The Muse Took a Night Off!

The lovely lady in the portrait called The Eyes of the Muse spends most of her time hanging out on the wall in our room, keeping me up nights!

She’s in charge of dreams and brilliant solutions to painting challenges and workshop designs. Even blog posts. She’s hopeful and encouraging. The flip side, in a sense, of her harsher, but well intended, alter ego, the Critic.

With considerable help from my  Intentional Creativity teacher, Maestra Shiloh Sophia, and the very wise Susan Ariel Rainbow Kennedy, the three of us have developed a relationship that works pretty well.

The Critic, who exhausted herself in my earlier years, spends most of her time in retirement. She likes Arizona where her allergies bother her less and she has no need for boots she considers to be too Ugg-ly for words.

The Muse and I send her postcards, assuring her that we’re making lovely progress here, even despite recent torrential rain and soggy basements, and that extending her vacation is absolutely no problem for us.

Lately, though, we’ve been working overtime again.

The Muse, whom I suspect may be from Australia given the hours she keeps, has a tendency to lure me out of my comfy nest of flannel sheets and handmade quilts in the wee small hours of the morning with her latest fabulous notions about the next right thing.

In a blessedly frustrating sort of way, she’s generally right and apparently concerned that I won’t remember her genius suggestions until, you know, the sun comes up at least.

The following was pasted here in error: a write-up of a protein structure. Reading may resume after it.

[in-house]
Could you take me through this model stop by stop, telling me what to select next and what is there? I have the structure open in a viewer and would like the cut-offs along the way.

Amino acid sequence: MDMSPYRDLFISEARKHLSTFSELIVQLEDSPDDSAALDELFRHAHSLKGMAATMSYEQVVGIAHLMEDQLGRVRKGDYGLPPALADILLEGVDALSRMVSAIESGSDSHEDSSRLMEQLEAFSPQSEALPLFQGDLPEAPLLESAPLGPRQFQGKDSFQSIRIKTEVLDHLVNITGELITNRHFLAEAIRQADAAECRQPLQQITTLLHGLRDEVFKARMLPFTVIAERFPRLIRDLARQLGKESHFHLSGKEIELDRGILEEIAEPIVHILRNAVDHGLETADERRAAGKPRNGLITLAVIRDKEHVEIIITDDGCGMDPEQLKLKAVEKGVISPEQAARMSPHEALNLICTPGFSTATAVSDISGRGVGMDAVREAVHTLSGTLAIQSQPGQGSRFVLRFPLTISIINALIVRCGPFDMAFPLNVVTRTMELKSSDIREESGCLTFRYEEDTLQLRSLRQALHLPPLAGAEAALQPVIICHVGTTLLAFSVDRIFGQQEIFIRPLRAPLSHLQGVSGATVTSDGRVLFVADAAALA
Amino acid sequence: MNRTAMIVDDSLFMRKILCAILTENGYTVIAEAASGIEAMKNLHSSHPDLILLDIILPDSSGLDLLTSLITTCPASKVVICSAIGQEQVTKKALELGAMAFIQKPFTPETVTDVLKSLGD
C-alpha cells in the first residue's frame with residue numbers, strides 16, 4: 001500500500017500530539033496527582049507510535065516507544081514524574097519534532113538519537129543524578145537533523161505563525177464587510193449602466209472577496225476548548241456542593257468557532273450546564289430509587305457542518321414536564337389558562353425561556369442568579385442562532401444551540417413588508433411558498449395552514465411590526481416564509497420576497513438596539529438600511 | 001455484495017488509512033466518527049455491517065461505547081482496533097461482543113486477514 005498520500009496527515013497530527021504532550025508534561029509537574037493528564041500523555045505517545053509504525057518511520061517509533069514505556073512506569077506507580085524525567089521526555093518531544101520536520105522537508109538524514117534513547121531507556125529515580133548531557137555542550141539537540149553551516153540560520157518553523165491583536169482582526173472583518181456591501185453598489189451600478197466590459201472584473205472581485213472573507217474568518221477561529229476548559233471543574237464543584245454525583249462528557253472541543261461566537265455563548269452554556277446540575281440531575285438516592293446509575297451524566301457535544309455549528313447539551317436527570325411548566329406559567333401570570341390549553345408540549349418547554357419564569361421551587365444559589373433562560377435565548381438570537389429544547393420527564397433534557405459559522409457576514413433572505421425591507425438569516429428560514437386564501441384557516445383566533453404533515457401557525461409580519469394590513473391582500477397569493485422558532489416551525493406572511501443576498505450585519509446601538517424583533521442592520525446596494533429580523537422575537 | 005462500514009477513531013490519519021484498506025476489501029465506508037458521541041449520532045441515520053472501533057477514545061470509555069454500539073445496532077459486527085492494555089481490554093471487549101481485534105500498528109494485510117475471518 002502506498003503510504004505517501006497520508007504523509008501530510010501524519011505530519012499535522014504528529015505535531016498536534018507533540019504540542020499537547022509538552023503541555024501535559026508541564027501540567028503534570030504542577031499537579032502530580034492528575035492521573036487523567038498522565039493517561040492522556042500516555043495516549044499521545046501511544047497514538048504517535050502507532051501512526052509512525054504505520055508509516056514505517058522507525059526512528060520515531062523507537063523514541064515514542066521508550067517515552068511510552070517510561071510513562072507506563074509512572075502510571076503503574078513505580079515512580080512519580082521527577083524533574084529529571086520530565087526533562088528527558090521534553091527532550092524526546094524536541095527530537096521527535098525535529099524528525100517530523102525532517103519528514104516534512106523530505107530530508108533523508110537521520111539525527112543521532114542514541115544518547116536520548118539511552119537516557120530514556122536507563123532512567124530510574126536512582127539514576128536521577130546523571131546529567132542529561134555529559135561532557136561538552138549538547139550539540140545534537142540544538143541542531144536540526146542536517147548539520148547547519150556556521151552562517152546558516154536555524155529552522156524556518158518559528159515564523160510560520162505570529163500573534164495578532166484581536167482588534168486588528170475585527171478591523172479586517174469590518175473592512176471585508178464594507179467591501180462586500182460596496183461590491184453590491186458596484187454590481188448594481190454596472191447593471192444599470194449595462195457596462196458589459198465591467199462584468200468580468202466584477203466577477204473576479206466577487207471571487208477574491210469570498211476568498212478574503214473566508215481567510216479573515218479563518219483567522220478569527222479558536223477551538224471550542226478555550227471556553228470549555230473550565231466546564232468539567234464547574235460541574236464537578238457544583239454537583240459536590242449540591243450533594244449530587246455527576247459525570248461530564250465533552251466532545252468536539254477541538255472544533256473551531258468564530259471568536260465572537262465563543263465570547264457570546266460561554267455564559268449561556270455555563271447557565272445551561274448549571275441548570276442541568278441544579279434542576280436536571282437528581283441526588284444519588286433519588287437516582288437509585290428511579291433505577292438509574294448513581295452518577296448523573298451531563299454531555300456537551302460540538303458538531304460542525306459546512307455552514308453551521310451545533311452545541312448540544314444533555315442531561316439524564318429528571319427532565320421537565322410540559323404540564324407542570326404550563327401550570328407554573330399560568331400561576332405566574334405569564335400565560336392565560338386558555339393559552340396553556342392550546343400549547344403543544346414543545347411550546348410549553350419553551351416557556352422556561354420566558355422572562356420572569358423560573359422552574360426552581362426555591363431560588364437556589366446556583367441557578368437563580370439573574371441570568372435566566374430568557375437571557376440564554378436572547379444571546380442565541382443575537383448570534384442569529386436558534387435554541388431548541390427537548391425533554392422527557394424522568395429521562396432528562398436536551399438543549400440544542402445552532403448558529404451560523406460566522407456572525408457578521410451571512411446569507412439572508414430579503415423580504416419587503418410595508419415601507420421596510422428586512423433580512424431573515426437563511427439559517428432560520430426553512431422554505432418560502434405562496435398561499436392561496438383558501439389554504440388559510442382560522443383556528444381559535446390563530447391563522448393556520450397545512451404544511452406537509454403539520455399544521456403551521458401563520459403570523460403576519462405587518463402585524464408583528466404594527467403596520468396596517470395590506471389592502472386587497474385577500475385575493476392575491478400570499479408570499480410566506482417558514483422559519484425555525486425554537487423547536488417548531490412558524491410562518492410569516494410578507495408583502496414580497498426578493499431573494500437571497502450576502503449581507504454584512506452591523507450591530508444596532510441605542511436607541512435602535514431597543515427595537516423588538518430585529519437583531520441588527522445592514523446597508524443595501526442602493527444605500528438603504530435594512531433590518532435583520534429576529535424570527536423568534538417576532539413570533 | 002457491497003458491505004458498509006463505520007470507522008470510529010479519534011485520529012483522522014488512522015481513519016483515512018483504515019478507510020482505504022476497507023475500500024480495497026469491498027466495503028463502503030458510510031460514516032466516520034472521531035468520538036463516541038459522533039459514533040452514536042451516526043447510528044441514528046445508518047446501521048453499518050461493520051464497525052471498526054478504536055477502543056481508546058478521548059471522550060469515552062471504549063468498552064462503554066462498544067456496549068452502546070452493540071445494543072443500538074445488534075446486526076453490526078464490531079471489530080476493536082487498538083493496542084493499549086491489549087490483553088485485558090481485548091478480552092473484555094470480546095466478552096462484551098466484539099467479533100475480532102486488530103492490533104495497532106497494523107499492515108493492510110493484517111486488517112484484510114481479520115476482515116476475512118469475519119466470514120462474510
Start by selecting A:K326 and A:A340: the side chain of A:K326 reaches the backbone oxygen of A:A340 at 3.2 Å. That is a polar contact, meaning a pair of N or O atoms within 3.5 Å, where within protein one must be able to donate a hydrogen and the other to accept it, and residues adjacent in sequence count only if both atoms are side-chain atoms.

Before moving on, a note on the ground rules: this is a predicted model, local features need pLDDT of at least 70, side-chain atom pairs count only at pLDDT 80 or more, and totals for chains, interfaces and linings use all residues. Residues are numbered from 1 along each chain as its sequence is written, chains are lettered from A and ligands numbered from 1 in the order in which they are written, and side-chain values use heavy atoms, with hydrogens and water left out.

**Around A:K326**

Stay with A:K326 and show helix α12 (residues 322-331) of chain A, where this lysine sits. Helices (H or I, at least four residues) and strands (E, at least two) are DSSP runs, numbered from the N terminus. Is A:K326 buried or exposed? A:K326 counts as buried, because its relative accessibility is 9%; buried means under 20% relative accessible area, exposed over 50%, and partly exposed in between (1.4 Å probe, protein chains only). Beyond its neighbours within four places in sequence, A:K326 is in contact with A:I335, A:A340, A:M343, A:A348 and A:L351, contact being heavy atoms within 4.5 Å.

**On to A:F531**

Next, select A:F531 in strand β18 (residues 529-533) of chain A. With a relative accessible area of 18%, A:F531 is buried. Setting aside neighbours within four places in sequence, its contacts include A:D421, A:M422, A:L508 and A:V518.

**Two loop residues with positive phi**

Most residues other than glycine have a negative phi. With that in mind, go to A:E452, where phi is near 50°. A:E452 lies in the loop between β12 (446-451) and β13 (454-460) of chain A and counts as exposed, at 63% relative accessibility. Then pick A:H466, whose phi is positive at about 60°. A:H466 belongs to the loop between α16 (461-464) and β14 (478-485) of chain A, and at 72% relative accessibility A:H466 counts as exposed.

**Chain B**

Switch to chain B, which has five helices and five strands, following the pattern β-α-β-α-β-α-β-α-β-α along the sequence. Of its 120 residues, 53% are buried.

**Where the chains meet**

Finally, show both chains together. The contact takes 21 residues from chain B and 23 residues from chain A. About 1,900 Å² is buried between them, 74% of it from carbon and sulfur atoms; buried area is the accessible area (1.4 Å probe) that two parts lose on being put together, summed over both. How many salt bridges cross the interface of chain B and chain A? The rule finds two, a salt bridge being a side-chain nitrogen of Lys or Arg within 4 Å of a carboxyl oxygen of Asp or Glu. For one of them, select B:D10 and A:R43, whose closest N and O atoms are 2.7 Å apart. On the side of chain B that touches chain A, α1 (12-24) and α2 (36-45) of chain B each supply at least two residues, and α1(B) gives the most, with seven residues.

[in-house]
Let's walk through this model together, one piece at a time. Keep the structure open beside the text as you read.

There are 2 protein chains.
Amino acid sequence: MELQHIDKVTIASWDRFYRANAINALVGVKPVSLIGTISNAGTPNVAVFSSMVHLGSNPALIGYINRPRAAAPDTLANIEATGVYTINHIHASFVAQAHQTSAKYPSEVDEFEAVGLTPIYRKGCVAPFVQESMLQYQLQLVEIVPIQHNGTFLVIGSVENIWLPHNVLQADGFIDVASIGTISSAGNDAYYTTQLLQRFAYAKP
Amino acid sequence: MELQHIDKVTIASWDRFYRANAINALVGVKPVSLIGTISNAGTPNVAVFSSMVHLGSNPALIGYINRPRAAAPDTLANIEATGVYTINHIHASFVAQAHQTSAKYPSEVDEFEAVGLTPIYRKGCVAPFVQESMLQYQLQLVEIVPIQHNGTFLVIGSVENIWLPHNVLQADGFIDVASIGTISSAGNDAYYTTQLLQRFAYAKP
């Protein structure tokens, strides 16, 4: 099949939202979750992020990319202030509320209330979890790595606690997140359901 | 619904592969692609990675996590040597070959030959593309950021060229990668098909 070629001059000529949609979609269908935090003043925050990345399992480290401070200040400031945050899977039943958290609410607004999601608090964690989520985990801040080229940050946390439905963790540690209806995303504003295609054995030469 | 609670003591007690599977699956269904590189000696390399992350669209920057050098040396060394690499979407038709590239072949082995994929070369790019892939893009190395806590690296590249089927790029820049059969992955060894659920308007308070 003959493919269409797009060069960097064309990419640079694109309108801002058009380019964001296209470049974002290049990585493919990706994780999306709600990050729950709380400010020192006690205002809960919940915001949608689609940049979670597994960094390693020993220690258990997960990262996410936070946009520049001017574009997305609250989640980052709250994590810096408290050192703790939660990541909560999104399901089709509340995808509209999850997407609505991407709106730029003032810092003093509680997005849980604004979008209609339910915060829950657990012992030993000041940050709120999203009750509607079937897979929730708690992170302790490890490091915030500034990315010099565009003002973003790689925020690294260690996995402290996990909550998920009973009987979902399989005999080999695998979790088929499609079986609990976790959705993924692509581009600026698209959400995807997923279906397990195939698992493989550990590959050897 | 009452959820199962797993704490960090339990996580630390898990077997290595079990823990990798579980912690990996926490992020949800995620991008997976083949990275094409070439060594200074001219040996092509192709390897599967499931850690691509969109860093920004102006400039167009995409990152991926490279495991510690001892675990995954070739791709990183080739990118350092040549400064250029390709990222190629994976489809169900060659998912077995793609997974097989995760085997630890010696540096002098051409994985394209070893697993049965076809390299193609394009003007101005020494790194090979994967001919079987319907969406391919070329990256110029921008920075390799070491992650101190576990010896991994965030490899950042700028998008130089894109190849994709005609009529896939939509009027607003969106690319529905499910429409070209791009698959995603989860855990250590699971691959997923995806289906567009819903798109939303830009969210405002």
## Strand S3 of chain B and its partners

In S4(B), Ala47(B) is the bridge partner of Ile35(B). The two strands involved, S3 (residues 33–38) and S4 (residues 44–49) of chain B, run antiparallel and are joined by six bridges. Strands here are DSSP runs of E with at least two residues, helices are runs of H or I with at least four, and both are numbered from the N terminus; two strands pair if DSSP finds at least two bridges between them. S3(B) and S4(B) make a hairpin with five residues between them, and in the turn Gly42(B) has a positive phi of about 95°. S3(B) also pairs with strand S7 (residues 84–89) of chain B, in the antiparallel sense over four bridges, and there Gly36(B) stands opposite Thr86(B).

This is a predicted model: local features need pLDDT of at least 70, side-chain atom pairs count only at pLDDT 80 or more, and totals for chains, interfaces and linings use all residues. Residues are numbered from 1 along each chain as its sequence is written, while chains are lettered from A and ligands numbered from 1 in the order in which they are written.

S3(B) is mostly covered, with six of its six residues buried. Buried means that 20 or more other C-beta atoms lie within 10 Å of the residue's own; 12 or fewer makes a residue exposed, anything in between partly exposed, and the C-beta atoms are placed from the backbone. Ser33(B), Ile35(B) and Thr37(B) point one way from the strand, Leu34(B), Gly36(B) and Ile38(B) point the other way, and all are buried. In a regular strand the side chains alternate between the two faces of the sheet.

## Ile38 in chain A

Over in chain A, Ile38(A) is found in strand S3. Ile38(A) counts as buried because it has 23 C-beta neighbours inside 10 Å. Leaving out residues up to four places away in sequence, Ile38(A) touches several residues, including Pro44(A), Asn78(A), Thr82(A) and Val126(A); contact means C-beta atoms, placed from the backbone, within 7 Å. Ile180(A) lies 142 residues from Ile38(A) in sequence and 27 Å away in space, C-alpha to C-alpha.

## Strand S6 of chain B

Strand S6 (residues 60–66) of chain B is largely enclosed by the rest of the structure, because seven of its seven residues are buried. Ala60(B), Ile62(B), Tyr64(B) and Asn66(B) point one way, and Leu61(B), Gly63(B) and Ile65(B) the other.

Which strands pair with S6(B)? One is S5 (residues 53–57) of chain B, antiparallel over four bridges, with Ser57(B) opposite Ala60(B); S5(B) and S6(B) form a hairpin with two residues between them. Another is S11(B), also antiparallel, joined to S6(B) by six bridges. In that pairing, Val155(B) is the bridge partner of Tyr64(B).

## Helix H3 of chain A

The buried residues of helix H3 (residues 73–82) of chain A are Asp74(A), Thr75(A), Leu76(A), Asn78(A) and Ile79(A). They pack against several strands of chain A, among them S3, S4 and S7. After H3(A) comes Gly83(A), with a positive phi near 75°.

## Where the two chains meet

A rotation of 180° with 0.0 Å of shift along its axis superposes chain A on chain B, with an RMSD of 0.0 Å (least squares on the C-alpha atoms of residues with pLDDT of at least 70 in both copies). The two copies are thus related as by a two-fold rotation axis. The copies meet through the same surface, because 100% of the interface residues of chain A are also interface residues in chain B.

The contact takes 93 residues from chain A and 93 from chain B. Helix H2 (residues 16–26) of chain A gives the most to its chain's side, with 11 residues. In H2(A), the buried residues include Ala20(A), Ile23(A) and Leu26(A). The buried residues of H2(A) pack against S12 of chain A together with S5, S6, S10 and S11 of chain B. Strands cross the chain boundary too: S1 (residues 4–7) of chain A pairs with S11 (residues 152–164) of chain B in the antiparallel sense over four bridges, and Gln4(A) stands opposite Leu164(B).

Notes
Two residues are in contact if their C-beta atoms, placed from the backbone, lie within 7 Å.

She’s been feeling especially creative this week and we’ve gotten a whole lot of cool things done.

Sleeping has not been one of those things.

Last night, though, she took the night off.

I slept for 12 hours, almost straight through! I’m not sure how she convinced the dogs to cooperate with this plan, but I’m grateful anyway.

And when I brought my first cup of tea, in my favorite sunny yellow mug, into the family room where my magical chair now resides, and looked at the commission painting I’m in the midst of, I heard her whispering in my ear.

The right one, if you’re curious.

And the next step is now clear. The big field in the upper left of this farm-scape needs fixing and I know where to start.

It’s worth noting that I managed both sleep and inspiration in the same night!

Realistically, we’re going to need another step or four after this right thing, but life — and art — are often that way.

In this moment, though, it is a sunny and miraculous 68 degrees in Atlanta and Bill and I are headed out to our back deck for lunch. The dogs can come, too, and we won’t have to wait for a table.

Later, fixing the farm field, and a bit of editing while the paint dries. Yummy soup for dinner. New calendar pages to set up. Perhaps even more sleep.

Tomorrow, plumbers. Again.

In the meantime, if you click either the link where it says The Eyes of the Muse, above, or the one just below, you will be magically transported to the land of FineArtAmerica where many of my paintings are available in everything from cell phone covers to shower curtains to, well, paintings. Love to have you visit! (The cell phone covers are really cool. Even the Critic approves!) Just click on any image that calls to you and the elves will pop up a list of all the options. It’s a miracle!